Asian Hedge Funds May Be Hurt by EU Rules, AIMA's Baker Says
The European draft rule to tighten hedge-fund regulations may hurt the industry in Asia as managers lose access to investors in the Europe Union, said Andrew Baker, who helms the industry’s largest trade group.
The European Parliament’s economic and monetary affairs committee approved this week a measure to force hedge-fund managers outside the EU to agree to transparency standards in exchange for marketing access to investors in the bloc.
“The whole industry, whether it’s direct or indirect, may suffer a negative impact,” Baker, the London-based chief executive officer of the Alternative Investment Management Association, said in an interview in Singapore today. New restrictions in Europe mean “there may be barriers raised between the regions which will prevent one region taking advantage of capital flows from another region,” he said.
Hedge funds and private equity firms are under the scrutiny of lawmakers worldwide, who say they are partly to blame for the financial crisis. Regulatory proposals under consideration globally may cut the asset management industry’s profit margins by half, said a study by International Business Machines Corp.’s consulting arm.
The number of hedge funds overseen by managers licensed by the Securities and Futures Commission in Hong Kong, the largest Asian hedge fund center, grew to 542, nearly five times the 2004 number, according to a September report from the regulator. Singapore’s hedge-fund industry has grown from near zero in 1997 to 138 single-strategy managers employing over 800 professionals, according to a survey by the AIMA.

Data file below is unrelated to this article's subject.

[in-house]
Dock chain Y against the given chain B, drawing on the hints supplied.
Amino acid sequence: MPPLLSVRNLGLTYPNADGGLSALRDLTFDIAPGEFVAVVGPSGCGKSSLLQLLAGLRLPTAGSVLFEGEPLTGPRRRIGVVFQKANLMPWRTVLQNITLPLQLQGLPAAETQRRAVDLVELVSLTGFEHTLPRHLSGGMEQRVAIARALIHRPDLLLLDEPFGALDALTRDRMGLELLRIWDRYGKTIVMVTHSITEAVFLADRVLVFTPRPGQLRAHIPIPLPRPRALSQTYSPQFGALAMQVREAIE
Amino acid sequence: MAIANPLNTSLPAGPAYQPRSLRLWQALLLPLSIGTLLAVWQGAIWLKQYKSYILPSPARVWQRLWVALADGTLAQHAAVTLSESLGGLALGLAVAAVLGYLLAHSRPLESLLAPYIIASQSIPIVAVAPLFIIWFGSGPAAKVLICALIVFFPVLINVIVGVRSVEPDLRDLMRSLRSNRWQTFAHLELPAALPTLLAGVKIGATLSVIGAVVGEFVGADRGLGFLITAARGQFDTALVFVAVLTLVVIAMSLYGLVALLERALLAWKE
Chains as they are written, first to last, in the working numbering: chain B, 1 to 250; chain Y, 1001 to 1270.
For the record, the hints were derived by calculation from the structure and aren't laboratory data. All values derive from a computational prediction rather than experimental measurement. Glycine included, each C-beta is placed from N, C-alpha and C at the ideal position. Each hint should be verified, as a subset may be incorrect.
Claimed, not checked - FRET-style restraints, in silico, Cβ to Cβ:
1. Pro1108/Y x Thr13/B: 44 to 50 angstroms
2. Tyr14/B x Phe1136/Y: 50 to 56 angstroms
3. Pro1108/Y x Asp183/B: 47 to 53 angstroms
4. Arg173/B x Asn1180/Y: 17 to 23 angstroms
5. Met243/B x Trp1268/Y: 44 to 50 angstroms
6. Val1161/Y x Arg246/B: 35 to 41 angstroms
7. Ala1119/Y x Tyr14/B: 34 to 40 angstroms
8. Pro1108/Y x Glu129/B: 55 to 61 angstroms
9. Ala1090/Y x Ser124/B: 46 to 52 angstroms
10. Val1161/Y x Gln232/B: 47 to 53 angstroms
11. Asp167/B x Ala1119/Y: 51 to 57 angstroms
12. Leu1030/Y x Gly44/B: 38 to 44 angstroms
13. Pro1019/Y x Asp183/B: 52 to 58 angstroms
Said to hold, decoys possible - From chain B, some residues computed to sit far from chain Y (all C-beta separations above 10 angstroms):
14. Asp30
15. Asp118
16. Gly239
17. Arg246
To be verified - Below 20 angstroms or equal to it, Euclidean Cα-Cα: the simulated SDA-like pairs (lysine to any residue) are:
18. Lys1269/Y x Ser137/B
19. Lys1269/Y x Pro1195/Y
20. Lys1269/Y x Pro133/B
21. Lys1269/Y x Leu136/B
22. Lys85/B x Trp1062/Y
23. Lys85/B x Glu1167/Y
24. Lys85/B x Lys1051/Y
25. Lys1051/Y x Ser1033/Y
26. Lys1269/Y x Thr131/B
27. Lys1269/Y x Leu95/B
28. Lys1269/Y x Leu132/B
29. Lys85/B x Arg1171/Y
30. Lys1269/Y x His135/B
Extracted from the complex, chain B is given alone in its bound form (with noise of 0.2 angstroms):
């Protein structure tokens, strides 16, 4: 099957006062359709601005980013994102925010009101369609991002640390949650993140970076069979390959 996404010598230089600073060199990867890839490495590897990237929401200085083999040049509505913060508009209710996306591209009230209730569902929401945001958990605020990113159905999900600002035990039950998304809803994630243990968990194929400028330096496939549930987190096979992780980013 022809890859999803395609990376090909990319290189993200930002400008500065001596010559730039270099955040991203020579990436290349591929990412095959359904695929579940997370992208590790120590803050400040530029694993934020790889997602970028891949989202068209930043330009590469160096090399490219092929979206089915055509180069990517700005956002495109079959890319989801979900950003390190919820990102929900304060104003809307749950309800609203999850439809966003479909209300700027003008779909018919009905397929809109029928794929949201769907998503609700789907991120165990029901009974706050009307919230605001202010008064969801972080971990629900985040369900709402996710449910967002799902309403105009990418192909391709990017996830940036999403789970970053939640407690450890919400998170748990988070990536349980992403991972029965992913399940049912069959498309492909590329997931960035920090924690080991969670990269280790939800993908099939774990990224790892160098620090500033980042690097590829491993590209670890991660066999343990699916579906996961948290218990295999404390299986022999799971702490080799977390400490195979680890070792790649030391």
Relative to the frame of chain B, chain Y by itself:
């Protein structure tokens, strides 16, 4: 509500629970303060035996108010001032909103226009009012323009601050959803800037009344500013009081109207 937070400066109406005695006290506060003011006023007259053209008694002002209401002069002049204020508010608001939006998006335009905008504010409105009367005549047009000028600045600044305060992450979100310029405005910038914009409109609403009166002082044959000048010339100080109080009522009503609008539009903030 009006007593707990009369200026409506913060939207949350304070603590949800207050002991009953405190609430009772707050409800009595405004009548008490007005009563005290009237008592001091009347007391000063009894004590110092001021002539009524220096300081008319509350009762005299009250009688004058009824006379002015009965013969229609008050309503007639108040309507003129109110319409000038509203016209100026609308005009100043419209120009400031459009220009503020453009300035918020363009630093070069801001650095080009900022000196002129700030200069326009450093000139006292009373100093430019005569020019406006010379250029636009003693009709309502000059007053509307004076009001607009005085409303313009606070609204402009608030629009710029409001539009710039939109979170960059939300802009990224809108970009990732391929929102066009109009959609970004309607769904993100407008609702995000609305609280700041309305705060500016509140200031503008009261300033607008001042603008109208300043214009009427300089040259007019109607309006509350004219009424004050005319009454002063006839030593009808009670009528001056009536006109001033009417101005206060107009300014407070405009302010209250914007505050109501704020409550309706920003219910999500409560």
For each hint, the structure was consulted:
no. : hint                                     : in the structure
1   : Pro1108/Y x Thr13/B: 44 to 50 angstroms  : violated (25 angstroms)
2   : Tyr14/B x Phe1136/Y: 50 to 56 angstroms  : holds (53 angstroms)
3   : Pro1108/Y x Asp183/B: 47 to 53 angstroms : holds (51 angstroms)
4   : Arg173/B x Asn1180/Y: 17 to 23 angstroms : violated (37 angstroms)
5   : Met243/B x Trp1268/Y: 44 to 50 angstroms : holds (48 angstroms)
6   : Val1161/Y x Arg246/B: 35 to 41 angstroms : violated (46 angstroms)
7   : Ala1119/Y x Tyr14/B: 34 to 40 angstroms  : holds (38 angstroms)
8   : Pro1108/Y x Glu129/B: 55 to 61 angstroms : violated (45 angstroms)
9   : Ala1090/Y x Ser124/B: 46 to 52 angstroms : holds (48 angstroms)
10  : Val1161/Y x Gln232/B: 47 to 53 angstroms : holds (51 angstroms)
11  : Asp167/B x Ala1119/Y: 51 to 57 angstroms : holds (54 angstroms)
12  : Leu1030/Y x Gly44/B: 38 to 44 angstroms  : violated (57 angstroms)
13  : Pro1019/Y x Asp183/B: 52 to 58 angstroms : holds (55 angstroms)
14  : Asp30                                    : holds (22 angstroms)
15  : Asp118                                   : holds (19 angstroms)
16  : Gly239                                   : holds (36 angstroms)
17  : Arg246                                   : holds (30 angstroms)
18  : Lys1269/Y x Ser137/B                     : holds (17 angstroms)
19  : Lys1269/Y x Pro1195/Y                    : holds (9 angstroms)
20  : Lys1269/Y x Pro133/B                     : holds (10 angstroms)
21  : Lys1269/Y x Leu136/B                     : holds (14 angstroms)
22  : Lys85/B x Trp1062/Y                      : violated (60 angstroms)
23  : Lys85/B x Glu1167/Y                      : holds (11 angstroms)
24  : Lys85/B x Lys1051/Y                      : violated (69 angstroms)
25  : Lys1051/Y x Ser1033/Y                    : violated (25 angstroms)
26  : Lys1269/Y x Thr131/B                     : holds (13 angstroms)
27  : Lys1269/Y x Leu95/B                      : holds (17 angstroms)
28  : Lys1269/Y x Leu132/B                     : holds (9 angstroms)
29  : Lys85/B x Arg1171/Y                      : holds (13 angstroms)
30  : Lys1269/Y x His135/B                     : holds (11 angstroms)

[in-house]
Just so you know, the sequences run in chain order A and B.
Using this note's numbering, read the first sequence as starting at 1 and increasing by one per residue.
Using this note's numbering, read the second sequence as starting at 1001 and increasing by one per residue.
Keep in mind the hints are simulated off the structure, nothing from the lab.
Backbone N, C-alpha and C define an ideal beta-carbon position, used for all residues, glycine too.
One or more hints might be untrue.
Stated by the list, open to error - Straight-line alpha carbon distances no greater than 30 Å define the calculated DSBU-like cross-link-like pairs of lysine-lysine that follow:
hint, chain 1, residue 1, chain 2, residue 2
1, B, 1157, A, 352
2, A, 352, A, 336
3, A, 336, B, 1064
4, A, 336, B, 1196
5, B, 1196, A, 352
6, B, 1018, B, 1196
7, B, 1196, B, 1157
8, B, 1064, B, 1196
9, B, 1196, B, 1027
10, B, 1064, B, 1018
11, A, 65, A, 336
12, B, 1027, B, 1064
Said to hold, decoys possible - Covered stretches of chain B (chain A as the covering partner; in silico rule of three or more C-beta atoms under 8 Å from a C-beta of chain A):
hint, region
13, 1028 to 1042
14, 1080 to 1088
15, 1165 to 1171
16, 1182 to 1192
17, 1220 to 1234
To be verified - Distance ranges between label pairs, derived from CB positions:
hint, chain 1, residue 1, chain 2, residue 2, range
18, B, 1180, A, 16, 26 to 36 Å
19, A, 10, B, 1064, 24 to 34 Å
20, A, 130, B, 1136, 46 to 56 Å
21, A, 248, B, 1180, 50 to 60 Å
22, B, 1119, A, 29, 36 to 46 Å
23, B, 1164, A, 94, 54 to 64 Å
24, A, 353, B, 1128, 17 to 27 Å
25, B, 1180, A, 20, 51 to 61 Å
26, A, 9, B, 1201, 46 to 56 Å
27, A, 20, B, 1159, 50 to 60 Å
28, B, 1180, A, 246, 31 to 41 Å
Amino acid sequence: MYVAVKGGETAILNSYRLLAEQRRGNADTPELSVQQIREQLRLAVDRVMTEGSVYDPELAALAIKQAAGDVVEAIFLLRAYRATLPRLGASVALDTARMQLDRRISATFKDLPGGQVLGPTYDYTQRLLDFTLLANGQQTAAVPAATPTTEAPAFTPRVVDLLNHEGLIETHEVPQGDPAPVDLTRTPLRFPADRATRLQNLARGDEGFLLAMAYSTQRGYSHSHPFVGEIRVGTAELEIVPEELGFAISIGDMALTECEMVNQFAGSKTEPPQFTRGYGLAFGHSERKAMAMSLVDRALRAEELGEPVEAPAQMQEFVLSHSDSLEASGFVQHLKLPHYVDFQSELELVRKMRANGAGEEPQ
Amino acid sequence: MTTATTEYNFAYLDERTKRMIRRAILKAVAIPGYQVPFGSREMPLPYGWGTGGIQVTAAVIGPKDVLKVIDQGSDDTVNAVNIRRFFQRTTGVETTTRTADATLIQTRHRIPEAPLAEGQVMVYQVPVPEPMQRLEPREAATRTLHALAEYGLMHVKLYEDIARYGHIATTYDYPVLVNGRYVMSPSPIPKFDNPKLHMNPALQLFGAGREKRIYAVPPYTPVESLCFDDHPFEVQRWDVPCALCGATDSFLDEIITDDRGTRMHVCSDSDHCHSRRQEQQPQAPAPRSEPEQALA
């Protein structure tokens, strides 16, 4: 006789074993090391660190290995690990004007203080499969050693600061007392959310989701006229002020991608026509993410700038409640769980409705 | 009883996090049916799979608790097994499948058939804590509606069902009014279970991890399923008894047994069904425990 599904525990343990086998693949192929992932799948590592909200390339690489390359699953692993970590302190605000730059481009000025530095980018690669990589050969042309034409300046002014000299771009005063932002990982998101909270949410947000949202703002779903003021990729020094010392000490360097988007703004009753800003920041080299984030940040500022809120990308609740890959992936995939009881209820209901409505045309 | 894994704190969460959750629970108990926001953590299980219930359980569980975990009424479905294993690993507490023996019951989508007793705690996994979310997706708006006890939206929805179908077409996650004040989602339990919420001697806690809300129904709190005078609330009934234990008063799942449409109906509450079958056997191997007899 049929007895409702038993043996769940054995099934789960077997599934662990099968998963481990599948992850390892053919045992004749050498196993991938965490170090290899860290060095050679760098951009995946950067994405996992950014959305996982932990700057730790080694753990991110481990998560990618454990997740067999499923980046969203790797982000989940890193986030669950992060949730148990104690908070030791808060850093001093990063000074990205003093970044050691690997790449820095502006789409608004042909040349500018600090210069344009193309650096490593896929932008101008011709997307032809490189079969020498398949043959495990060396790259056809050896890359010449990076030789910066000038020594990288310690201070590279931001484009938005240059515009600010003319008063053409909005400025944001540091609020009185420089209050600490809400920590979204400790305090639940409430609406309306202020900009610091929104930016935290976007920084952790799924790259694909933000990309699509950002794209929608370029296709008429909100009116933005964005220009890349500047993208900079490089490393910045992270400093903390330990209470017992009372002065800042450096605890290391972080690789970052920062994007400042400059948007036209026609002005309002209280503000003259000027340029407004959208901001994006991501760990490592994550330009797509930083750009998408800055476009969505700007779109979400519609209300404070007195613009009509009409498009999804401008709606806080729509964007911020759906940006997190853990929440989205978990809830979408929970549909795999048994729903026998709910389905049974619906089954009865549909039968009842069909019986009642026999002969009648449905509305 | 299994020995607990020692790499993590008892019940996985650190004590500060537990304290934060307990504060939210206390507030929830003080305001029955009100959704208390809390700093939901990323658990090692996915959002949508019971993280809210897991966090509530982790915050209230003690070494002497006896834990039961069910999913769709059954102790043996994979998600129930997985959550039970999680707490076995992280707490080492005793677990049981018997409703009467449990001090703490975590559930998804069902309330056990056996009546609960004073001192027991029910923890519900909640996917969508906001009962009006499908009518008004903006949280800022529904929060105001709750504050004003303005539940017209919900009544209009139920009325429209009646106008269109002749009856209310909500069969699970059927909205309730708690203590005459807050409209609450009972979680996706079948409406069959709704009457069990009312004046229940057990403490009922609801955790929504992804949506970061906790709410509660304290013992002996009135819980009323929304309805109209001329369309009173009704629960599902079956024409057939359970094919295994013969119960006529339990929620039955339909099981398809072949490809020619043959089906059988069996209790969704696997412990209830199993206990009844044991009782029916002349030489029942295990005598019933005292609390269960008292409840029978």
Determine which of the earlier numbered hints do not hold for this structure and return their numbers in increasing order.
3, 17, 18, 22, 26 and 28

Managers in Asia who rely on service providers and other facilities within the industry that are based elsewhere may also be “in flux” because of “business-model changes” brought about by the draft law, known as the Alternative Investment Fund Managers Directive, Baker said.
The Group of 20 Nations last year agreed to tighter fund oversight. The U.S., U.K. and business groups have challenged the proposals, saying they could hurt companies owned by private-equity firms and restrict funds’ use of debt. A report commissioned by the U.K.’s Financial Services Authority said the EU laws would cost companies 4.6 billion pounds ($6.9 billion).
U.S. Treasury Secretary Timothy F. Geithner sent a letter to EU Financial Services Commissioner Michel Barnier in March raising concerns the draft law may discriminate against U.S. funds. The law, proposed last year by the European Commission, would restrict funds’ use of debt and limit bonuses.
The proposals could risk retaliatory action by governments, Baker said.
“At a time when we talk about maintaining cooperation and global capital flows, the integrity of global trade flows, a measure of which goes in the opposite direction runs the risk of derailing cooperation,” Baker said.
The full EU parliament is due in July to give its verdict on the draft legislation. Final EU approval of any measures requires an accord between the parliament and EU national governments in a process that could take another year or more.
“Everyone is watching this very closely and they want a proportionate outcome which maintains investor choice,” said Baker, who had met managers in Hong Kong, Japan, Singapore, Europe, the U.S. and Canada recently.